Do Raisins Go Bad?

Raisins can be enjoyed as a snack or used as an ingredient in cooking and baking. But no matter how you use the dried grapes, sooner or later you will find yourself with a big opened package that you don’t plan on finishing anytime soon. That’s when the question “do raisins go bad?” comes up.

Or maybe you wanted to save some money and bought raisins in bulk. And you’re searching for the best way to store them for the long term. You have thought about refrigerating them but aren’t sure if that helps. And since fridge space comes at a premium in many households, you want to know for sure if it makes sense to keep them in there.

If those thoughts and concerns sound familiar, this article is for you. In it, we go through storage, shelf life, and going bad of raisins. If that’s something you want to learn a bit more about, you’re in the right place.

Golden raisins and flowers
Image used under Creative Commons from Marco Verch

How to Store Raisins

Raisins are essentially grapes that are dried to extend their shelf life. The process of drying grapes also enhances the sweetness of the fruit. Since raisins contain little moisture, they are shelf stable.

So when it comes to storing golden or regular raisins, a cool, dry, and dark place is where you want to keep them. They should sit away from moisture to prevent mold growth, and heat and light so they won’t dry out. That makes the pantry the best place to store raisins. If the pantry is not an option, a dark cabinet in the kitchen will do too. Just make sure it’s nowhere near the stove.

Once you open the package, the most important thing is to keep the leftovers sealed tightly. If you plan on using the raisins within a month, I would stick with the plastic wrapping they came in and tried to seal it as tightly as I could. But if the plastic has any additional holes, or you expect to keep the raisins around for a longer period, transfer them to an airtight container or a freezer bag. A leaky packaging will cause the dried fruits to dry out and harden, and you definitely don’t want that. The raisins can stay in the pantry after opening the package.

When it comes to refrigerating raisins, it only makes sense if you live in a hot and humid climate, and don’t have access to a pantry. If that’s the case, the raisins will last much longer in the fridge than at room temperature. In “typical” circumstances raisins retain quality as long in the pantry as they do in the refrigerator. When it comes to refrigerating these dried fruits, make sure you put them in an airtight container or freezer bag. Otherwise, they will dry out quickly.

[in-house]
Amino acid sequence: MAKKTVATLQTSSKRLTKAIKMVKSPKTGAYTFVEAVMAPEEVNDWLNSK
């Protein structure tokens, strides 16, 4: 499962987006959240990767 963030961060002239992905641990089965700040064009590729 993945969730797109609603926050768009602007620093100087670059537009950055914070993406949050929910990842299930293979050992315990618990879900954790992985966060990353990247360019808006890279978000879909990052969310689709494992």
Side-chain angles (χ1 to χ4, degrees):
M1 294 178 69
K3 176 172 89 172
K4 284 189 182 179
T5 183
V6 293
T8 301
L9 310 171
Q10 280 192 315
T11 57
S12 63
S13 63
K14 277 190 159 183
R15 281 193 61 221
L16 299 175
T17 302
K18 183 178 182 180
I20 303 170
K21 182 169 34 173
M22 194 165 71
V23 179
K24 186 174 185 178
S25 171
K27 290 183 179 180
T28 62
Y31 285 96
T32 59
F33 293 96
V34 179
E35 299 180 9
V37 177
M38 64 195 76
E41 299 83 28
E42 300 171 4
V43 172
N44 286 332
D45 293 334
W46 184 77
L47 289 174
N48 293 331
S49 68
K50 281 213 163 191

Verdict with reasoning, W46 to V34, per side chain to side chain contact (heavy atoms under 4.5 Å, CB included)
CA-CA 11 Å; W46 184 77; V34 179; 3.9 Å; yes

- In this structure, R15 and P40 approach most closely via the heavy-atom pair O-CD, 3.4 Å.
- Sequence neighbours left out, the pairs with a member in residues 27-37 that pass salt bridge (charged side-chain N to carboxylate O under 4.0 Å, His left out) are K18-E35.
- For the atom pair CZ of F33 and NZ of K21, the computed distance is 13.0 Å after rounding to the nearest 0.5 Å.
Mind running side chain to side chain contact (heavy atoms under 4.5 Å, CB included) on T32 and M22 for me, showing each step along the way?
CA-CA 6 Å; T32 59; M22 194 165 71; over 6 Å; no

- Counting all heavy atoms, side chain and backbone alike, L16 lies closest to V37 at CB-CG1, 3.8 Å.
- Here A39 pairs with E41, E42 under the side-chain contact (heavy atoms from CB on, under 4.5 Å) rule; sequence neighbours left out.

Raisins in a cup
Image used under Creative Commons from Migle

How Long Do Raisins Last

Raisins, unlike fresh fruit like bananas or pineapples, have a long shelf life. But that doesn’t mean you should store them for years. Even dried fruits are perishable goods and will go bad or degrade in quality at some point.

A bag of raisins usually comes with a best-by date on the label. That date is, obviously, only a rough estimate of how long the raisins will retain quality. So you can easily assume that they should be perfectly fine up to that date and then some. Let’s be real here, dried fruit isn’t a food product known for going bad fast and easily. As long as you take good care of them, they should last a few months past that date in good condition.

Once you open the package, the shelf life of the leftover raisins depends on how you store them. If you seal them tightly and follow the rest of the storage guidelines, they should last for at least 6 months. Of course, if you open the package near the date on the label, don’t expect them to keep quality for that long.

PantryFridge
Raisins (unopened)Best-by + 1 – 3 monthsBest-by + 1 – 3 months
Raisins (opened)6 months6 months

Please note the periods above are estimates and for the best quality.

How to Tell If Raisins Have Gone Bad

As usual, start by looking for any typical signs of spoilage, such as mold or any other organic growth. An off odor (instead of the usual sweetish-tart aroma) or significant changes in color mean the raisins are spoiled and should be discarded too. If the raisins have dried out and hardened, you can still revive them.

If everything about the raisins seems to be perfectly fine, eat one or two and decide what to do with them based on the taste.